Mon. Aug 19th, 2019

South African street vendors are redesigning urban transformation

warwick junction informal workers street vendors trading empowerment transformationSouth African city centres are still plagued with systemic problems, mainly stemming from the fact that city spaces were engineered to cater to the white minority during apartheid.

south african street vendors are redesigning urban transformation 1024x732 - South African street vendors are redesigning urban transformation

69d58bfc copy of tsa cover image 1200x858 41 1200x858 - South African street vendors are redesigning urban transformation

Durban’s historic Warwick market can serve as a lesson to other cities, according to the World Economic Forum. Responsible cities are continually trying to find the balance in protecting the livelihood of the informal businesses in city centres while committing to urban renewal.

South African city centres are still plagued with many systemic problems many stemming from the fact that South Africa’s major cities were engineered to cater to the white minority during apartheid.

Considerations toward the black majority were mostly in the form of ways in which their movement could be controlled, and their living spaces could be contained.

a0a206a0 copy of tsa cover image 1200x858 38 - South African street vendors are redesigning urban transformation
A vendor sells produce in Warwick Junction. Photo: Kyle Laferriere

The Warwick Junction is one of the remnants of that past. The bridge, during apartheid, served as one of a few ways for black people to enter the city.

These choke points were engineered to make controlling the movement of workers in the city centre easier and also making it possible to lock down the city effectively should the need arise.

0fa4361f copy of tsa cover image 1200x858 42 - South African street vendors are redesigning urban transformation
A vendor in Durban, South Africa’s Warwick Junction marketplace. Photo: Kyle Lafferriere

The market at Warwick Junction has grown out of this captive audience, made up of more than 7 000 informal vendors selling everything from cow head soup to toothpaste to the more than 450 000 daily commuters and shoppers that pass through the junction.

The market however nearly disappeared into the history books when as part of the preparations for the 2010 World cup it was announced that the market would be replaced with a modern mall putting the livelihood of more than 80 000 stall owners, workers and suppliers at risk.

Asiye eTafuleni (AeT) – Zulu for “bring it to the table” – is a small non-profit, which got involved in supporting informal traders through legal assistance and advocacy on their behalf.

AeT’s work paid off and when the municipality decided to call it’s redevelopment plans to a halt. However, AeT realised that in order for the market to continue there would need to be greater respect for the rights of informal workers.

7ec74e11 copy of tsa cover image 1200x858 36 - South African street vendors are redesigning urban transformation
Street vendors of South Africa’s largest trading hub Warwick Junction are empowered by Asiye eTafuleni to be “co-developers” of their space. 14 June 2017 / Image via Twitter: @currystonefdn

Along with the non-profit Legal Resource Centre, AeT taught the street vendors about their legal rights and provided pro-bono legal assistance. The work done by the groups eventually led to courts ruling that it would be unlawful for the city to impound informal traders goods.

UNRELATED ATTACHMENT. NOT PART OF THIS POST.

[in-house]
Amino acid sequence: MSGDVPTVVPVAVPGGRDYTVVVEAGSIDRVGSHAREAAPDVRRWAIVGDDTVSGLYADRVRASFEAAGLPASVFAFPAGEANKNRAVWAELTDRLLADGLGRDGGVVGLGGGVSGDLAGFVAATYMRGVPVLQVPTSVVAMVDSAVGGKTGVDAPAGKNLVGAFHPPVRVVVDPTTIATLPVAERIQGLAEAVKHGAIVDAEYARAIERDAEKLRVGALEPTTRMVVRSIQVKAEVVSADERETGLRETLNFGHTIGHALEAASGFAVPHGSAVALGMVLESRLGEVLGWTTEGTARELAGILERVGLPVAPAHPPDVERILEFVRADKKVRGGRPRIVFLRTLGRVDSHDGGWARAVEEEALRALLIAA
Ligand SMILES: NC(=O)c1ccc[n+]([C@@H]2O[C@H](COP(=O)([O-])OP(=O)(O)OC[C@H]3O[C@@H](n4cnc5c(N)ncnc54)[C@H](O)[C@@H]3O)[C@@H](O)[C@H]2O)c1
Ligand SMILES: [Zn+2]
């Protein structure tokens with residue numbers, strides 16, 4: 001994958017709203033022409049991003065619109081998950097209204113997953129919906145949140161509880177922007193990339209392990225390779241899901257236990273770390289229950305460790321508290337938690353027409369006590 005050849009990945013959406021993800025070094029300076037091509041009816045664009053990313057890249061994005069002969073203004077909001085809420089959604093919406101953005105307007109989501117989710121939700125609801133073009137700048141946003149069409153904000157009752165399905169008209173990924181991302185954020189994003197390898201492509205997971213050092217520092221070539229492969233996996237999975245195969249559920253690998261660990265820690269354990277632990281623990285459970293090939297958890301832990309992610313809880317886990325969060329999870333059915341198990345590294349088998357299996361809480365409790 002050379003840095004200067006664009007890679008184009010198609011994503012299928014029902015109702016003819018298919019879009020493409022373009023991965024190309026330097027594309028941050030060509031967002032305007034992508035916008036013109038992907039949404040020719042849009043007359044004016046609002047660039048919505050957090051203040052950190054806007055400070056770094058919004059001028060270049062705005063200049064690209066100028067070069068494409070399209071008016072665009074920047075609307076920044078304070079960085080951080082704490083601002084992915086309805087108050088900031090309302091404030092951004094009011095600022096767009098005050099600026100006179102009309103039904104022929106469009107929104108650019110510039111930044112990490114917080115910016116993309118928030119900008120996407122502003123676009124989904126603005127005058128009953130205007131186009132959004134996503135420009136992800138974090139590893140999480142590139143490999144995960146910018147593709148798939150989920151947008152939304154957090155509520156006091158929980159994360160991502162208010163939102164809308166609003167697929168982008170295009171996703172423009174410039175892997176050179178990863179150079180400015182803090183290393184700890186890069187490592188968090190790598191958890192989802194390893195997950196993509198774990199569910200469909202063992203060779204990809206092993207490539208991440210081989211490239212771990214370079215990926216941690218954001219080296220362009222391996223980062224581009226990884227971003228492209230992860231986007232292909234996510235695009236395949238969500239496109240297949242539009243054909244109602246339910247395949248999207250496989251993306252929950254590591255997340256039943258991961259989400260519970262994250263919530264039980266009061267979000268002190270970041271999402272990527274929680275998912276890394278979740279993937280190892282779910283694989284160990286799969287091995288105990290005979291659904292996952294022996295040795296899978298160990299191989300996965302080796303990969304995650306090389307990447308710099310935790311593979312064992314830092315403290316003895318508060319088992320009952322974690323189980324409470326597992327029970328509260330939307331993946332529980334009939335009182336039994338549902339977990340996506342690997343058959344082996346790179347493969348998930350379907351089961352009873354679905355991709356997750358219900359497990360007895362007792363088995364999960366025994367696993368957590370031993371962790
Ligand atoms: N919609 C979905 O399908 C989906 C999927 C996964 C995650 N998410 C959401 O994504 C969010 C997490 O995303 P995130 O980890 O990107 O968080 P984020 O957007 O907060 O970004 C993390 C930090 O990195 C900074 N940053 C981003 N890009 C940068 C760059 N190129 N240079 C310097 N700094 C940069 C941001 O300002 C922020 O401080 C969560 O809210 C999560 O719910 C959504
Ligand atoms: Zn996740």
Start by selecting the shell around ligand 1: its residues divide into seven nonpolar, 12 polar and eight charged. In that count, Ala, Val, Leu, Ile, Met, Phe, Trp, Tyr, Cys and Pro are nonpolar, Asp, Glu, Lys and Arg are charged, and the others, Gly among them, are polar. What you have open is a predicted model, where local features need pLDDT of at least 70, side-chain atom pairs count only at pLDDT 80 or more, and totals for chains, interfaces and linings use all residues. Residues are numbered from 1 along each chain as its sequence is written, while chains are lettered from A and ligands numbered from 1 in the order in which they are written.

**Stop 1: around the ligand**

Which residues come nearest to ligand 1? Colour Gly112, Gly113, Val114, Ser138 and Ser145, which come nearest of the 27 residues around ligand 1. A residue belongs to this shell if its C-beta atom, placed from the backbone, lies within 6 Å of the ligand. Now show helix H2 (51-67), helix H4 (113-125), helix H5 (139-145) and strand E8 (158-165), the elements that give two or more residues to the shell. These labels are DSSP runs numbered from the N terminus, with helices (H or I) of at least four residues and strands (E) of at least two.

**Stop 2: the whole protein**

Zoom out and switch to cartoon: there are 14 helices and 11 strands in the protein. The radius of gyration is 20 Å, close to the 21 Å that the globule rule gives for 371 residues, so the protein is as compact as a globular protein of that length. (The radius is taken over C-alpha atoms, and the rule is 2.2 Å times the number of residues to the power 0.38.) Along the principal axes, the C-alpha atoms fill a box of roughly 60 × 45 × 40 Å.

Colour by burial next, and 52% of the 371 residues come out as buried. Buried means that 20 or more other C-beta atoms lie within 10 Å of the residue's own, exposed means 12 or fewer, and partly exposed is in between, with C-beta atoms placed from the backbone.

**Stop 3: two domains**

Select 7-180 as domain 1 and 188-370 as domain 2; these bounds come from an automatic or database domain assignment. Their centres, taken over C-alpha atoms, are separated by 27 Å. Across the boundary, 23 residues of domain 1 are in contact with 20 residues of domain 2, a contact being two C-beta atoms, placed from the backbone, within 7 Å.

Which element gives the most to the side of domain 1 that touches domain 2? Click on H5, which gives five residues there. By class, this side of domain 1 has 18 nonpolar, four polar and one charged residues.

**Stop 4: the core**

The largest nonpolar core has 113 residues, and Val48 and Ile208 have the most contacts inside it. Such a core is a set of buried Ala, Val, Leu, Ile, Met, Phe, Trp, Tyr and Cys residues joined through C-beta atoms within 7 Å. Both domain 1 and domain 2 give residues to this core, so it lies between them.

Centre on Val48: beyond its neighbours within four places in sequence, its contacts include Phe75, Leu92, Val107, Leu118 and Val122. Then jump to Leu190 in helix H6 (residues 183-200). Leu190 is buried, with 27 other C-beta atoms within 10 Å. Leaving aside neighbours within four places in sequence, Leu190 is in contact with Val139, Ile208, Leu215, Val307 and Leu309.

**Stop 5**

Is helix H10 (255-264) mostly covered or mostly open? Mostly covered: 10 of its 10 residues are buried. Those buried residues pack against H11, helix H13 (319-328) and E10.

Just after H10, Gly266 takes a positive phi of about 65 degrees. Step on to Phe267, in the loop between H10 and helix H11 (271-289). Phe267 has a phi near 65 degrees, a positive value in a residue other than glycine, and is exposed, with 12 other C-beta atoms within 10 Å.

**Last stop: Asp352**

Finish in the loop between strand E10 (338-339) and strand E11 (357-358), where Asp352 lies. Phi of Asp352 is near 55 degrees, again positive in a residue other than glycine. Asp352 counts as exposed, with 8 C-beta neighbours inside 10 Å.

With the rights of the traders and street vendors now more secure AeT worked with the vendors to re-engineer the market infrastructure. The fully inclusive process upgraded the generic space in Warwick Junction into areas that catered to the specific needs of traders. Patric Ndlovu, AeT co-founder, explains:

“Inclusive design is the solution. If you include the users during the design stages, they will look after the infrastructure, because they had input. They are valuable, and they are knowledgeable, and they know their stuff.”

d9aa5602 copy of tsa cover image 1200x858 40 - South African street vendors are redesigning urban transformation
The Music Bridge in Durban’s Warwick Junction marketplace. Photo: Kyle Laferriere

In addition to the upgraded infrastructure, AeT also developed the traders teaching them to advocate for themselves and negotiate with the city about the use of municipal land. A street vendor at Warwick Junction’s meat market added:

“AeT gave us leadership training so that we can build our leadership capacity. They opened our eyes. Nobody can prevent us from raising our voice.”

b372e5e7 copy of tsa cover image 1200x858 39 - South African street vendors are redesigning urban transformation
Jewelry sellers in Warwick Junction. Photo: Kyle Laferriere

The critical success in this undertaking was the ability of AeT to bridge the divide between the city and the informal traders by allowing them to engage with each other on an equal footing.

This set the stage for an exciting space that shows what’s possible when a city and it’s informal industries are able to speak the same language. Romila Chetty, secretary of the Early Morning Market Traders Association, concludes:

“Seven years down the line and the market stands here today. It’s because of leaders like us.”

a558d5ae copy of tsa cover image 1200x858 37 - South African street vendors are redesigning urban transformation
Toe Shozi, a jeweler, gives a tour of Warwick Junction. Photo: Kyle Laferriere

Leave a Reply

Your email address will not be published. Required fields are marked *